Editorial

Cuffed and collared: On imprisonment to Suu Kyi

The sentencing of Myanmar leaders to four years in prison on two separate charges on Monday, by a court run by the military junta, appears to be just the first of a number of sentences aimed at putting State Councillor Daw Aung San Suu Kyi, President Win Myint and other government leaders in custody for decades. The verdicts that relate to cases dealing with “incitement against the military” and for “breaching Covid laws” are frighteningly farcical. One relates to speeches made during protests against the military’s decision to dismiss the results of last November’s elections, which Ms. Suu Kyi’s party, the National League for Democracy (NLD), clearly won. The other, even more ridiculous, is for breaching COVID-19 protocols at an election rally when she was photographed wearing both a face mask and a shield throughout her campaign. The sentences, and the ones that will follow, are meant not only to ensure an end to the NLD and Ms. Suu Kyi’s public life but are also part of an effort to break the spirit of democratic groups. Over the past eight months since the military coup in February, more than 1,300 civilians protesting the military’s actions have been killed, and thousands including the entire NLD government arrested, with detentions, trials and sentences carried out in secret. In more evidence of the military’s brutality, three people were reportedly mowed down by a military vehicle on Sunday, when they took part in a peaceful protest.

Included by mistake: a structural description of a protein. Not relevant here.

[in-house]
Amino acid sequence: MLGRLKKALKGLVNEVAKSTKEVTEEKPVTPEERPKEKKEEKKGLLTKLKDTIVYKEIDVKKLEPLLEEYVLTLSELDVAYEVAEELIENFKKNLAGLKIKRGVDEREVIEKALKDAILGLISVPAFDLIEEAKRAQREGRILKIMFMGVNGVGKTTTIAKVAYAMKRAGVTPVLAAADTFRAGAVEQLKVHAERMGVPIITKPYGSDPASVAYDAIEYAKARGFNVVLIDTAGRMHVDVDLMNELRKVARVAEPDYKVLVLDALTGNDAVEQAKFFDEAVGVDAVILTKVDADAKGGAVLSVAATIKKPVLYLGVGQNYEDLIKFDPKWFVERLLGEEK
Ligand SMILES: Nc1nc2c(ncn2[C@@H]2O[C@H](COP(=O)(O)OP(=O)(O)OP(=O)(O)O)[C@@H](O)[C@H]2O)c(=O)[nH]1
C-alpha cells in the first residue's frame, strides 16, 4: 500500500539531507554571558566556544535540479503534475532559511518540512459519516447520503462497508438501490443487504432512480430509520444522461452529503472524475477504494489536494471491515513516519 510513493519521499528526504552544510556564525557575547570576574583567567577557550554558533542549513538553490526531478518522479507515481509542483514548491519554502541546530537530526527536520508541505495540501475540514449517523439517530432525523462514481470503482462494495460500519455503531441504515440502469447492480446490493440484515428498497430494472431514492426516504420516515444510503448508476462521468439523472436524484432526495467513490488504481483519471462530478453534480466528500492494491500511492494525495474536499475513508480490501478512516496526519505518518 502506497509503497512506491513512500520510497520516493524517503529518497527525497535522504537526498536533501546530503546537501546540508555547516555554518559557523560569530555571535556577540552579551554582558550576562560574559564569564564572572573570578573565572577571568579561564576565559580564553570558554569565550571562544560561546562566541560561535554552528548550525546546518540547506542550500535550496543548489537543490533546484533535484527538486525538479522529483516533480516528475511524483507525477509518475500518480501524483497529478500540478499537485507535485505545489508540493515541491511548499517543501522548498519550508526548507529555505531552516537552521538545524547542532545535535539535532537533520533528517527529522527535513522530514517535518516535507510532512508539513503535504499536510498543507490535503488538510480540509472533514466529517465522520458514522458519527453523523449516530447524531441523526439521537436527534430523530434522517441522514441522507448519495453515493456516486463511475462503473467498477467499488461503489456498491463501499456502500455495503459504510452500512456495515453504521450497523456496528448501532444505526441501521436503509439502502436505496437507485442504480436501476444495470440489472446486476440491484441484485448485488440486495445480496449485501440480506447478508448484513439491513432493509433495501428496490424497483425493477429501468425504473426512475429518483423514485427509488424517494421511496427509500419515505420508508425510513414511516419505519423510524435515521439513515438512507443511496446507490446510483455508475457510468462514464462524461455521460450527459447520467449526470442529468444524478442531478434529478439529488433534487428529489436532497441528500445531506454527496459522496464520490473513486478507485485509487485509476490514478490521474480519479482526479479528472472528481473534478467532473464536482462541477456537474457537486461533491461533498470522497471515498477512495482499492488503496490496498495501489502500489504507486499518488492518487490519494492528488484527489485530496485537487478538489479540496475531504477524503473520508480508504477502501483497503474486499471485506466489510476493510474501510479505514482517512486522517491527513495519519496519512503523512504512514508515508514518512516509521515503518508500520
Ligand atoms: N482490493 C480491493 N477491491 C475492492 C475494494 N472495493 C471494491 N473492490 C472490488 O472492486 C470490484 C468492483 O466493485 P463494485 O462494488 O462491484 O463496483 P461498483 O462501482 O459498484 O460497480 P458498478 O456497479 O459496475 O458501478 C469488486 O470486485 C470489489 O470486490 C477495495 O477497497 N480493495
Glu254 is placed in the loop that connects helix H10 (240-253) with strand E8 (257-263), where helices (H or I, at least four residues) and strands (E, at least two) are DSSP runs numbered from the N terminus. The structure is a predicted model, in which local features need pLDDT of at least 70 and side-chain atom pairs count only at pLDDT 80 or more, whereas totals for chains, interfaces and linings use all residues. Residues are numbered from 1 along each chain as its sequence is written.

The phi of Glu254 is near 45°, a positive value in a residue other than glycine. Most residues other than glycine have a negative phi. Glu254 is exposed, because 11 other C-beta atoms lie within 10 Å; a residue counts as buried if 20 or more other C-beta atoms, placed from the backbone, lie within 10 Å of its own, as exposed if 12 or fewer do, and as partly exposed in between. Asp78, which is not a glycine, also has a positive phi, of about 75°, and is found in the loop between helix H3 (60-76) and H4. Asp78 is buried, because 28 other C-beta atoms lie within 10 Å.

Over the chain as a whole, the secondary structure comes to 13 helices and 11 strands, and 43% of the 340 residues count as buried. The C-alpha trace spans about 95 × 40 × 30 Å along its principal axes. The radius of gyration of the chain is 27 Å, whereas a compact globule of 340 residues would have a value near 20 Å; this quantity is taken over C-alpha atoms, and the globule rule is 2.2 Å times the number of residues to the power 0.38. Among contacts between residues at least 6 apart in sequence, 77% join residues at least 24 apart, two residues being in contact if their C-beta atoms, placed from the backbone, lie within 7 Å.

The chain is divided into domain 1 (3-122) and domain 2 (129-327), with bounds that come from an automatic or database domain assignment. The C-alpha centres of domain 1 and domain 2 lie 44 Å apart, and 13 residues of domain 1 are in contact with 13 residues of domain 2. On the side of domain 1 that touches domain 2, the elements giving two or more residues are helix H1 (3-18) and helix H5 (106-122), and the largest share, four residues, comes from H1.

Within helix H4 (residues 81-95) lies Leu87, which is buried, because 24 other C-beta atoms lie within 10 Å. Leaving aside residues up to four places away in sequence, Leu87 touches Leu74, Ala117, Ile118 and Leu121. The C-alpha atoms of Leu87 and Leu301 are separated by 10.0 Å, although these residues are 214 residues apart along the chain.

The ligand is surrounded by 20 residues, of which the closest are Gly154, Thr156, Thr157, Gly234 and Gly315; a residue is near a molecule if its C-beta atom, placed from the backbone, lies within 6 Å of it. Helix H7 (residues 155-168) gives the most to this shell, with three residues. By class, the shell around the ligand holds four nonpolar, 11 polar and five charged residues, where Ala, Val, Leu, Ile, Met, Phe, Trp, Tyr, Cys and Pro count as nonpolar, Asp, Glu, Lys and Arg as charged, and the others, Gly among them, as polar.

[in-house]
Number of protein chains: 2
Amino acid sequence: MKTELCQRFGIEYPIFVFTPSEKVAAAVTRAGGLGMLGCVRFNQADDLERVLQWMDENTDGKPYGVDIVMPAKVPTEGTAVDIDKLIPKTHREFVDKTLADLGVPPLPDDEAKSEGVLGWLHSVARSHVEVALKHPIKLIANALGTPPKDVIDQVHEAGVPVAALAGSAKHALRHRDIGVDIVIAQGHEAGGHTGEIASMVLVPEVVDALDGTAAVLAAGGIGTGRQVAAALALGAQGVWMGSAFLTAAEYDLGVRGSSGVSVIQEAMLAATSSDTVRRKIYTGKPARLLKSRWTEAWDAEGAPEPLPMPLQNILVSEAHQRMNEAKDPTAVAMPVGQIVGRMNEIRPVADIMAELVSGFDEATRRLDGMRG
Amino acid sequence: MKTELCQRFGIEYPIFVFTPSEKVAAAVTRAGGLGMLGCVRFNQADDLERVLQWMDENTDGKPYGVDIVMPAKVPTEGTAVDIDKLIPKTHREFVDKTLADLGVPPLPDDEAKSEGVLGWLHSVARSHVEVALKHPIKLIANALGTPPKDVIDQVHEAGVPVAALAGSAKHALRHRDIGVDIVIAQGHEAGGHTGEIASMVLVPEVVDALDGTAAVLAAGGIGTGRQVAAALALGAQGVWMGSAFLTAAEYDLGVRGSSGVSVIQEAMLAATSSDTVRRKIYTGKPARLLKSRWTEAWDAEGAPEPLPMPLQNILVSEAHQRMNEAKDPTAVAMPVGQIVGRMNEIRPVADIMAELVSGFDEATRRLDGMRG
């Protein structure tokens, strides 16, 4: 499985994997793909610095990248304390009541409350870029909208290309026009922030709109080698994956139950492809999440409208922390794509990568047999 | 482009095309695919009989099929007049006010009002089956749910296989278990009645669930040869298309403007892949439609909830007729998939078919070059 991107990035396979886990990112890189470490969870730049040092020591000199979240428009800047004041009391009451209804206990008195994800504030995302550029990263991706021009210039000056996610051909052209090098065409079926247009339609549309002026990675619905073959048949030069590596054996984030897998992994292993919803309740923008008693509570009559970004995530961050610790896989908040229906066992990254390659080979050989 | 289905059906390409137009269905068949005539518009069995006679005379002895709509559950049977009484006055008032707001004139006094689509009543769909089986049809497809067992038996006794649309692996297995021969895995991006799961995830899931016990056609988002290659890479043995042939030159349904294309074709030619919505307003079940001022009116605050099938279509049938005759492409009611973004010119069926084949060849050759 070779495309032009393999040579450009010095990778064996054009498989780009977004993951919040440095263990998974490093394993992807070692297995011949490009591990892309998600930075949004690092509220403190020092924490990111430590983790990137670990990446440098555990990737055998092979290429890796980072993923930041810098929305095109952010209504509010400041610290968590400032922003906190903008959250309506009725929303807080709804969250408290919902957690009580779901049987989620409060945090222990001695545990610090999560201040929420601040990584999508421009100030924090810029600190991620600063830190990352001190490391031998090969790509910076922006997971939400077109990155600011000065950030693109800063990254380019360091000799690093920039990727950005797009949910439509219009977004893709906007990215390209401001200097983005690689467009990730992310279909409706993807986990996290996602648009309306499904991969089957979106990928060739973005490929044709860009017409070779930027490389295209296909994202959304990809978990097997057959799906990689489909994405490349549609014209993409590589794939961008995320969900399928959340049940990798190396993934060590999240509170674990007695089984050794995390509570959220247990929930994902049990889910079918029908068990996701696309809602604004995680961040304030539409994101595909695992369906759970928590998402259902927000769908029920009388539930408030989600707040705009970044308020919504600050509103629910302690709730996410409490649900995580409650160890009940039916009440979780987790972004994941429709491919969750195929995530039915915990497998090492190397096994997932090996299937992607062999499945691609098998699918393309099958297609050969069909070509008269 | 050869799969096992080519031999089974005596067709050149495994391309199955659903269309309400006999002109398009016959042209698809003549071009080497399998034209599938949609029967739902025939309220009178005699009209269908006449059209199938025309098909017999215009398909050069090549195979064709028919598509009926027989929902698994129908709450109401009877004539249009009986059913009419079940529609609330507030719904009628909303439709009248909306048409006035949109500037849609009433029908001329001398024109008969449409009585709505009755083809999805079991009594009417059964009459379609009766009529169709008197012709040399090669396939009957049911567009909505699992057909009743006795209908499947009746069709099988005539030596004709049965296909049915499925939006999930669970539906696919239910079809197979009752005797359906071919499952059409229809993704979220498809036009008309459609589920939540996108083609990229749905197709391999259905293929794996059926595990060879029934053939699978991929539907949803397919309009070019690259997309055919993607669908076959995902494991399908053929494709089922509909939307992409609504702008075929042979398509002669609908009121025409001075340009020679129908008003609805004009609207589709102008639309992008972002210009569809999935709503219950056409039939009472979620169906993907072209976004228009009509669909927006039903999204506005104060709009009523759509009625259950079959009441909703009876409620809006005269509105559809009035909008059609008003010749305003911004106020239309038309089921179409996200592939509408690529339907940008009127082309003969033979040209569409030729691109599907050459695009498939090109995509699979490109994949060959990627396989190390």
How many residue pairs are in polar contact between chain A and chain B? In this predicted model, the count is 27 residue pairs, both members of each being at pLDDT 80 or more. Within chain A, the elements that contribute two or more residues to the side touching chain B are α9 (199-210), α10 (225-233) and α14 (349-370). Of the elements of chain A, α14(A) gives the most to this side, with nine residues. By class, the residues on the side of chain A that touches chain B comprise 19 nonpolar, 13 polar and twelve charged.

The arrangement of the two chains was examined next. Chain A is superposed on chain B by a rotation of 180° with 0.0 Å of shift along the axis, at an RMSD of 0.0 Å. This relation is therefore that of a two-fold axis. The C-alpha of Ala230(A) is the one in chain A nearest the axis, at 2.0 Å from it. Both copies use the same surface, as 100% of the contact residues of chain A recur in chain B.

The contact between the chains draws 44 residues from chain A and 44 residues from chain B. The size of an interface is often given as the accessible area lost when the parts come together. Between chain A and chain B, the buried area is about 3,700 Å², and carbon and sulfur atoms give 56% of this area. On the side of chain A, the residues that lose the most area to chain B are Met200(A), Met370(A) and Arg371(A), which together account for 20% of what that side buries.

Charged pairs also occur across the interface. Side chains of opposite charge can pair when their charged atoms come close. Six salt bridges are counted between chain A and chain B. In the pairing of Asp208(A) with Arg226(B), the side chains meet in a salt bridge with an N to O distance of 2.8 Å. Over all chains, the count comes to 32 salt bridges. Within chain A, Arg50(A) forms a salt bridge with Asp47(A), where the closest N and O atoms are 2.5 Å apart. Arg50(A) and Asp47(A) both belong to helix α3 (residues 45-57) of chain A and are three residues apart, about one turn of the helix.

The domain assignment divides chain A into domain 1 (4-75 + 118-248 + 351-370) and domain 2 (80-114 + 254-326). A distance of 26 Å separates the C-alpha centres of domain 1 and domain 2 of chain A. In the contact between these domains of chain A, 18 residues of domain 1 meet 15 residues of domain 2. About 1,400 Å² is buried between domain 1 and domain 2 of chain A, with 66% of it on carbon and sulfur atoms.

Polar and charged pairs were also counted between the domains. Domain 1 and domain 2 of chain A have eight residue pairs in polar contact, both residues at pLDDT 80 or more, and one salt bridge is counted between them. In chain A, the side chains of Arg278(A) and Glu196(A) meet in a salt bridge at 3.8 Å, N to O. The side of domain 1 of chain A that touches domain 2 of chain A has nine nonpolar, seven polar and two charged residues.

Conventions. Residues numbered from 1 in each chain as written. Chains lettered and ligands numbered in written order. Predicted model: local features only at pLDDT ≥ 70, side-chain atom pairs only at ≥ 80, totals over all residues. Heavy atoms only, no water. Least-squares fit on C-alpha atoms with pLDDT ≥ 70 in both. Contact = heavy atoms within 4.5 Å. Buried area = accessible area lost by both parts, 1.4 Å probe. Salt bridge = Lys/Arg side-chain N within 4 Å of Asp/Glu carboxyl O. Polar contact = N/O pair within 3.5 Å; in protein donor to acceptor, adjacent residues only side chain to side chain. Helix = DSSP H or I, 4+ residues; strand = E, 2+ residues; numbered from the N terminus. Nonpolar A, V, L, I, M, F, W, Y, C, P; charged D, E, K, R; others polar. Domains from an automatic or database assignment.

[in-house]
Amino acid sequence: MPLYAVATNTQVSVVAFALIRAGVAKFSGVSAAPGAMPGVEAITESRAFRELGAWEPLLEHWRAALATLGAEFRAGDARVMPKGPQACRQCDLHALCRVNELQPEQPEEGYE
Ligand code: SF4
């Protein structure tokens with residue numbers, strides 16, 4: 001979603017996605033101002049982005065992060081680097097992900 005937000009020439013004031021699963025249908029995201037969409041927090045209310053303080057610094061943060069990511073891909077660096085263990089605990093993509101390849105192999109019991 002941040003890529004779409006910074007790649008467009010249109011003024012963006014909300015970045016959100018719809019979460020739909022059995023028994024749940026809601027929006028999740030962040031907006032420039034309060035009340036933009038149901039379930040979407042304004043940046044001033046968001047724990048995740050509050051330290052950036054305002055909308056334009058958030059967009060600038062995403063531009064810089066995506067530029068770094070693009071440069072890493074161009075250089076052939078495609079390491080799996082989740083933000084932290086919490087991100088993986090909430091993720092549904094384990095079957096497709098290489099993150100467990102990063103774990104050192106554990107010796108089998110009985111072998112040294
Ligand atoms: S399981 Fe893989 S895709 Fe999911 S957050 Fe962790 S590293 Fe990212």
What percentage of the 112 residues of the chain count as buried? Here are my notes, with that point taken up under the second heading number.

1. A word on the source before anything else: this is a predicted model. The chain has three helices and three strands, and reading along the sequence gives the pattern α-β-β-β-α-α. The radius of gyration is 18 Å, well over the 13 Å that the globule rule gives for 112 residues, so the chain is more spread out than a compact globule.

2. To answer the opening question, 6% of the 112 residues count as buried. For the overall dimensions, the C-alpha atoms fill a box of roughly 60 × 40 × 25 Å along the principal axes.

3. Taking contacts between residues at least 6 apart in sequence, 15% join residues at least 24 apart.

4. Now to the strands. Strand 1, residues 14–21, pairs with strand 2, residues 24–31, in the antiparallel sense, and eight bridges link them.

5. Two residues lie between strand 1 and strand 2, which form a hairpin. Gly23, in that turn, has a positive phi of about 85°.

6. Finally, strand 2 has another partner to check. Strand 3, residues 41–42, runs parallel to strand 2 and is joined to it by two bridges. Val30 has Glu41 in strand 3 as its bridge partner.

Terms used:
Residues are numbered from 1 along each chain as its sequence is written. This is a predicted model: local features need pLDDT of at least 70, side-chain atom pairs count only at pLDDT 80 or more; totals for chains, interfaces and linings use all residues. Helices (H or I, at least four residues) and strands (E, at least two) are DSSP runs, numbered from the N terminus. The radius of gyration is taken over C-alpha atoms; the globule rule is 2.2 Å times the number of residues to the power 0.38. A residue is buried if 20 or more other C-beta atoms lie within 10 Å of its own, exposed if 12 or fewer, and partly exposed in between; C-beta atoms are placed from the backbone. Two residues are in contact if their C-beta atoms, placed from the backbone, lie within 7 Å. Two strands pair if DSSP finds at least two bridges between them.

The military’s messaging is not aimed only domestically, however. Its actions are meant to challenge the international community as well, which has failed to take any action against Myanmar’s leadership in the past few years: first on its ethnic cleansing of the Rohingya that drove a million out to refugee camps in Bangladesh (which the NLD government was complicit in), and then its actions against the democratically elected government itself. Since February, the UN Security Council has done little other than issuing statements appealing for an end to the violence and the restoration of democracy, and to suspend the nation’s UN seat. While China, which has deep links with the military and a considerable investment in the China-Myanmar Economic Corridor, has sought to protect the junta from sanctions, the U.S. has proven ineffective in ensuring a different outcome as well. It is ironic that Ms. Suu Kyi’s sentencing comes in a week when the U.S. hosts a “Summit for Democracy”. The Modi government too, given its worries about losing a foothold in the neighbourhood, and its need for cooperation with the Myanmar military over the restive North-eastern border, has chosen silence over any serious attempt to change the course of events in Myanmar. Much like its inability to influence outcomes in Afghanistan, India’s ineffectual posture over the developments in Myanmar could also cause it considerable reputational damage as a regional leader.


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Printable version | Jan 27, 2022 4:59:54 PM | https://www.thehindu.com/opinion/editorial/cuffed-and-collared-on-imprisonment-to-suu-kyi/article37874535.ece

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